The process of reviewing the safety of medicines following their authorization is known as Pharmacovigilance [2]. India, which is also one of the members of the WHO Programme for International Drug Monitoring has a formal system of Pharmacovigilance run as the Pharmacovigilance programme of India (PvPI) under whose aegis ADR monitoring centres have been set up across the country to monitor medicinal safety [3]. One of the ways regulatory authorities monitor the safety of medicines is by collecting and analysing spontaneous reports of suspected side effects from health professionals, patients or consumers called ‘spontaneous adverse drug reaction reports’ (SADR) [2]. The success of this widely used and recommended method is totally dependent on the contribution of health professionals and consumers to ensure that the observed side effects are adequately reported and recorded for analysis. In reality the program is plagued by underreporting in most parts of the world were such initiatives are run. WHO recommends a reporting rate of 200 events per million people per year as being adequately representative; most developed countries have a reporting rate of 130 and India around 40. While the reporting rate of SADRs in India has significantly gone up in the last few years, it contributes to less than 2% of the reported events in VigiBase, the WHO global safety data base hosted by Uppsala Monitoring Centre, and is disproportionate to the country’s vast population and medicine consumption.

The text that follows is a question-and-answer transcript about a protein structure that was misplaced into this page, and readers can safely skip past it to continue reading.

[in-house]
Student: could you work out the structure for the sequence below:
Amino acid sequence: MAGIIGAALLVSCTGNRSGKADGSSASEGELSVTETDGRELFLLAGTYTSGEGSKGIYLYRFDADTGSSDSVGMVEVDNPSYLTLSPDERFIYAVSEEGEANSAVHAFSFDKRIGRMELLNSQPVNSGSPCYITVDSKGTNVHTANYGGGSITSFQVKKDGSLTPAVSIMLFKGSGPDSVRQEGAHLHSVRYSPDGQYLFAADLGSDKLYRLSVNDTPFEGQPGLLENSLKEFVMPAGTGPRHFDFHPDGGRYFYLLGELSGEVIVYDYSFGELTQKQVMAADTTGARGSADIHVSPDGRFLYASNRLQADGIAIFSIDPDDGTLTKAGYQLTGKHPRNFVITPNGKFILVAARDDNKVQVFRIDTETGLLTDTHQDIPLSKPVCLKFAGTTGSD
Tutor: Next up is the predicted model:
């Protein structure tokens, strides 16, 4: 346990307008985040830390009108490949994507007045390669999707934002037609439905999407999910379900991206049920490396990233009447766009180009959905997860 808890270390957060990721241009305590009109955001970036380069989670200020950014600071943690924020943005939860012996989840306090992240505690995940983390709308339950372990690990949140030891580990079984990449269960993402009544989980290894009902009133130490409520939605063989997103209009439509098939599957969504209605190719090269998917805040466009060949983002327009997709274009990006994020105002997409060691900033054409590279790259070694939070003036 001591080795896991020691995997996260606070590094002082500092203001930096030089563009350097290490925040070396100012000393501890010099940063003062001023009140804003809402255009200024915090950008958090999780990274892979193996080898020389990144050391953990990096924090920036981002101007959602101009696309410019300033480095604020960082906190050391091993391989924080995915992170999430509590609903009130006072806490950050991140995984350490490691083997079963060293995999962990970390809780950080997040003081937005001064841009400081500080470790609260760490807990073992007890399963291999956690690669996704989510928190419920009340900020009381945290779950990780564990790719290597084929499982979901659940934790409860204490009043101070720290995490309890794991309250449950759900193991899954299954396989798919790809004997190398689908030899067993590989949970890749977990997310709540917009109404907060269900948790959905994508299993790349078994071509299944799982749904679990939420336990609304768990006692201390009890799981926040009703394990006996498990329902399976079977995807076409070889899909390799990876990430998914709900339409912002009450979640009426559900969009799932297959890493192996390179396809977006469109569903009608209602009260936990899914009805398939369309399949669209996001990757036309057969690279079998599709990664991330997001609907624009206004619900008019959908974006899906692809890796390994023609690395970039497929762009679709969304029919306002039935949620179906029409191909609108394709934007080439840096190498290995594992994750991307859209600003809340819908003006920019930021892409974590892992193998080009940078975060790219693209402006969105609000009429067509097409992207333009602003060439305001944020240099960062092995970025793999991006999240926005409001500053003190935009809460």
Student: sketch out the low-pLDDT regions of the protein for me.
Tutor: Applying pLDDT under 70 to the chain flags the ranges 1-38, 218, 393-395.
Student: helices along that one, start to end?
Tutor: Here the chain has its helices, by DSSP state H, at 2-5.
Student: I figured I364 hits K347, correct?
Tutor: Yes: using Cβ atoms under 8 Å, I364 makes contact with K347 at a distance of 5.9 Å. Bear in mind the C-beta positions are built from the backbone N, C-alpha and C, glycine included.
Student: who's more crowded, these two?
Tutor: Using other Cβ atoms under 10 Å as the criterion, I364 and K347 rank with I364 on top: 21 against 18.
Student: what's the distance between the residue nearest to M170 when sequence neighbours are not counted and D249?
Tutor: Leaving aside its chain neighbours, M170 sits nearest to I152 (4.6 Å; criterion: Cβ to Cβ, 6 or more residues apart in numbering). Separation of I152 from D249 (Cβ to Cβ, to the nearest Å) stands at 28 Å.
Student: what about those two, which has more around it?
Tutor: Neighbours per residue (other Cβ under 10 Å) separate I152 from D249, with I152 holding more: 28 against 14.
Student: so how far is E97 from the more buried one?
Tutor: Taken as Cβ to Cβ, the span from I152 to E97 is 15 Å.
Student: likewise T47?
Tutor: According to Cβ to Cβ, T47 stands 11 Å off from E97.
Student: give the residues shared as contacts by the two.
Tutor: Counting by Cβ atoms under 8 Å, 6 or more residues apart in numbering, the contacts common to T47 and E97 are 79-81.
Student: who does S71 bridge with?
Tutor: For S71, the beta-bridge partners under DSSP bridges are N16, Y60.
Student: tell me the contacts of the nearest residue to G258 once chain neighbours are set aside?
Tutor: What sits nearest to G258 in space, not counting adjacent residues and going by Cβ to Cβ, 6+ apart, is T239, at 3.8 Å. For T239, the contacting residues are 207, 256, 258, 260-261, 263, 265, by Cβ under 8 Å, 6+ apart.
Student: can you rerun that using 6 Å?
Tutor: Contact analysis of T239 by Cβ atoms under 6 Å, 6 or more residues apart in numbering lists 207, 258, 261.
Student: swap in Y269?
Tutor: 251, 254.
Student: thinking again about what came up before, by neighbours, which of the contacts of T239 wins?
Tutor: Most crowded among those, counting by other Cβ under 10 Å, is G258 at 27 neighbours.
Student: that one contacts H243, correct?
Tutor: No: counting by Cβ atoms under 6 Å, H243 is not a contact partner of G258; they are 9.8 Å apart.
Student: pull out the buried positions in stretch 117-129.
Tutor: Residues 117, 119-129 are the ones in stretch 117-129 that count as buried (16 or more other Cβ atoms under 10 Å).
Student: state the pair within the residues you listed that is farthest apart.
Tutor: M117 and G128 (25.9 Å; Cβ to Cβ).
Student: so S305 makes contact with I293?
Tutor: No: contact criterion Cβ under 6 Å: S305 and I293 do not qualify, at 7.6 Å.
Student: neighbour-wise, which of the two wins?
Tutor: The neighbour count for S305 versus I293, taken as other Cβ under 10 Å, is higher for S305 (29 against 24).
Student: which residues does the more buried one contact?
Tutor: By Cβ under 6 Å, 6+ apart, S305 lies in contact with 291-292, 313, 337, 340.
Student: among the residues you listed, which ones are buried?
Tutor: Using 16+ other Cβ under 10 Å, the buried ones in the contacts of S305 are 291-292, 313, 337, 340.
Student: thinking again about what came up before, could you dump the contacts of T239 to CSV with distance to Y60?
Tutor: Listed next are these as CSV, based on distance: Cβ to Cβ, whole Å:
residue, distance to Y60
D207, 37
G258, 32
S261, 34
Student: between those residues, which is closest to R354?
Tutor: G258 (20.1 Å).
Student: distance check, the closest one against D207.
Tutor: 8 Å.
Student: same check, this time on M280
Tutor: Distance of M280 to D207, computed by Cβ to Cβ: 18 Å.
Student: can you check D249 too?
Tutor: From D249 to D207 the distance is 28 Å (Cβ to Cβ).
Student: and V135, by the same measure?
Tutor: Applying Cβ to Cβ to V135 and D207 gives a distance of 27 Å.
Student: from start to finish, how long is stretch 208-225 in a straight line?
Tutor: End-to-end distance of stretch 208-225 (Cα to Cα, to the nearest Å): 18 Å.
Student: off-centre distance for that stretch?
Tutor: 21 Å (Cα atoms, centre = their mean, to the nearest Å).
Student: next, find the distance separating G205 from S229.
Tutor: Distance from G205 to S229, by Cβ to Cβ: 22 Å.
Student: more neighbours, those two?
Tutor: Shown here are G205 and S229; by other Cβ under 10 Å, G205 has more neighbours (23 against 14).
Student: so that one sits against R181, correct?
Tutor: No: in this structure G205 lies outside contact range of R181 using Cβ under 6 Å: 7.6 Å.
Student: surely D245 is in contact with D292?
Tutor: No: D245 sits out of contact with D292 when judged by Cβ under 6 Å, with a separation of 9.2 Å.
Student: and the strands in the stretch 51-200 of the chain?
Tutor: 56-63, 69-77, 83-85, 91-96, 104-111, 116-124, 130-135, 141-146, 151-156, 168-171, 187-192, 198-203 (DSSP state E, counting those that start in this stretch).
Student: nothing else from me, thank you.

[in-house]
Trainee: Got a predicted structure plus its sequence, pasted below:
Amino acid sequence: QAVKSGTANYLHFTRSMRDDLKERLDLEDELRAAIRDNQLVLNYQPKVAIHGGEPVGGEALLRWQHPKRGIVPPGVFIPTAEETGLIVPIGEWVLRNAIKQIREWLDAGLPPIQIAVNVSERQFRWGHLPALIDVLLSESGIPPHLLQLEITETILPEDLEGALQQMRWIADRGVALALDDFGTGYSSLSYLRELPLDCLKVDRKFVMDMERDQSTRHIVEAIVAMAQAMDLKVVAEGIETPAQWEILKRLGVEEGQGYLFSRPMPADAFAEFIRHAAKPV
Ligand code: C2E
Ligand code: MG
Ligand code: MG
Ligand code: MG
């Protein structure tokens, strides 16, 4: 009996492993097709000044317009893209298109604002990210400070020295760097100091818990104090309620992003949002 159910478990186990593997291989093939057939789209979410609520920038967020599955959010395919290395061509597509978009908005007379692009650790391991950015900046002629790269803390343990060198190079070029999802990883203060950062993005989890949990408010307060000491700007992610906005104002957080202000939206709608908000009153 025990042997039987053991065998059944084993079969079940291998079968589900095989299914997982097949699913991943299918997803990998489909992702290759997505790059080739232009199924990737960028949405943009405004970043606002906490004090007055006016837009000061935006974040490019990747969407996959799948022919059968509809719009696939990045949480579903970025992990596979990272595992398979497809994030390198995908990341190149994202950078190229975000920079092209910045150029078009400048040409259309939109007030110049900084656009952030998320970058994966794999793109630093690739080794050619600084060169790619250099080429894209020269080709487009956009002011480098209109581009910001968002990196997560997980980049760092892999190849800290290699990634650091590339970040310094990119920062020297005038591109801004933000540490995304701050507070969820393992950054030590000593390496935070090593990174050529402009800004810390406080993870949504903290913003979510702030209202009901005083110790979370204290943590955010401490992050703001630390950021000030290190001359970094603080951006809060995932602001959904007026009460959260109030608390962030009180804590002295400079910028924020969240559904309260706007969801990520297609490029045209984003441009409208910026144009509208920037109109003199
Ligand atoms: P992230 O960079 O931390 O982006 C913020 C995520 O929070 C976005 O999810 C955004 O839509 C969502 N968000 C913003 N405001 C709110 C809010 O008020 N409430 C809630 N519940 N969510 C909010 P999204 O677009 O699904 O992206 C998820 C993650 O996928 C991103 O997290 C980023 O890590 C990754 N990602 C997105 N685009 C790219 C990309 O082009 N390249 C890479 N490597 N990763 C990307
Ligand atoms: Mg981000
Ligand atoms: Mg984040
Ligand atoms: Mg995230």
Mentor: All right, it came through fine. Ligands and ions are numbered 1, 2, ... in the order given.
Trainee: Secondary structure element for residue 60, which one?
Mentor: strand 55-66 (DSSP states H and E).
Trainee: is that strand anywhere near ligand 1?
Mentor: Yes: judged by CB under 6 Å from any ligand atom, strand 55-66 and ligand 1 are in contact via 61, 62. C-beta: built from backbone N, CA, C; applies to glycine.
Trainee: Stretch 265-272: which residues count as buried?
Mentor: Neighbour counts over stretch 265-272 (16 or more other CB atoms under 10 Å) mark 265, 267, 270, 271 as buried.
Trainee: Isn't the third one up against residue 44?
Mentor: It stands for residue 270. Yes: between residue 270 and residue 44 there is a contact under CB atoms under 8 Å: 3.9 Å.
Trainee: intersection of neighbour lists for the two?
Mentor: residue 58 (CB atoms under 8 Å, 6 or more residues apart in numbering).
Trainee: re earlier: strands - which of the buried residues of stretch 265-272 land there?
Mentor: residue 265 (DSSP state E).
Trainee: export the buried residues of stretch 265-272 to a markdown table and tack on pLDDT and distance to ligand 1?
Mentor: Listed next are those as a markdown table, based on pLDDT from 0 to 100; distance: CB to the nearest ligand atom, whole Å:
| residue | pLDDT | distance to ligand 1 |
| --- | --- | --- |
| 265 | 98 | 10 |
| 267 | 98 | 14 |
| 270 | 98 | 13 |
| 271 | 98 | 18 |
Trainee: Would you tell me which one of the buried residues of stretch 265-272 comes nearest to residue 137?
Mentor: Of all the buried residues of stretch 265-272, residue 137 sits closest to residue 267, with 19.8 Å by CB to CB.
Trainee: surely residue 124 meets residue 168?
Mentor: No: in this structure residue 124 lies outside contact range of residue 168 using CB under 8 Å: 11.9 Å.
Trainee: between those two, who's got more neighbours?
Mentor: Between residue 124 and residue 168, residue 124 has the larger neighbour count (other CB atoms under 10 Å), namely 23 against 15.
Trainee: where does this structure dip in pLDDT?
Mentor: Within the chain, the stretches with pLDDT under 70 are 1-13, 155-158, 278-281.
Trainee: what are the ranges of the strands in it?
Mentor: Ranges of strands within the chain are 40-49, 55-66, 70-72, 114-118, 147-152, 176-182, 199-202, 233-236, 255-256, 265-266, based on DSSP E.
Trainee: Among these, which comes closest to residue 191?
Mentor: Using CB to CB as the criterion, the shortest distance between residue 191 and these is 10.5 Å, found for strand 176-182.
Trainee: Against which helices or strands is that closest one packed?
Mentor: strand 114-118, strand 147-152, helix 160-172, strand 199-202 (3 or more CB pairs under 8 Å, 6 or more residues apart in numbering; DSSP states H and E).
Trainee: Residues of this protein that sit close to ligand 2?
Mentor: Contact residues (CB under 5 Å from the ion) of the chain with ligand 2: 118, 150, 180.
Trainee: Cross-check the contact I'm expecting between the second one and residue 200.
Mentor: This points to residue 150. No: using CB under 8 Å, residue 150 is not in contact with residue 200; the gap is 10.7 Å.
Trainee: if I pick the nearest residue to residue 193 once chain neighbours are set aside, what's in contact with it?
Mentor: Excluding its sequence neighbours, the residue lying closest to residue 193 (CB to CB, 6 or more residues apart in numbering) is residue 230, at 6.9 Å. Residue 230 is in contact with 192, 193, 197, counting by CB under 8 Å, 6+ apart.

Underreporting of SADRs by physicians is considered one of the major obstacles in

the success of the Pharmacovigilance Programme of India; thus having a
negative impact on the public health [4]. Hence the present study was undertaken to evaluate the perception of physicians towards ADR reporting in India, and their awareness towards available resources.


A questionnaire-based cross-sectional survey was performed for this study. The study questionnaire was designed and prevalidated with clinical practitioners on the answerability and information value of the questions Knowledge and perception based questionnaire (containing 9 questions was designed to obtain the information about knowledge regarding ADR reporting system in India and perception of ADR reporting (Appendix-1). More than one answer was allowed in some questions.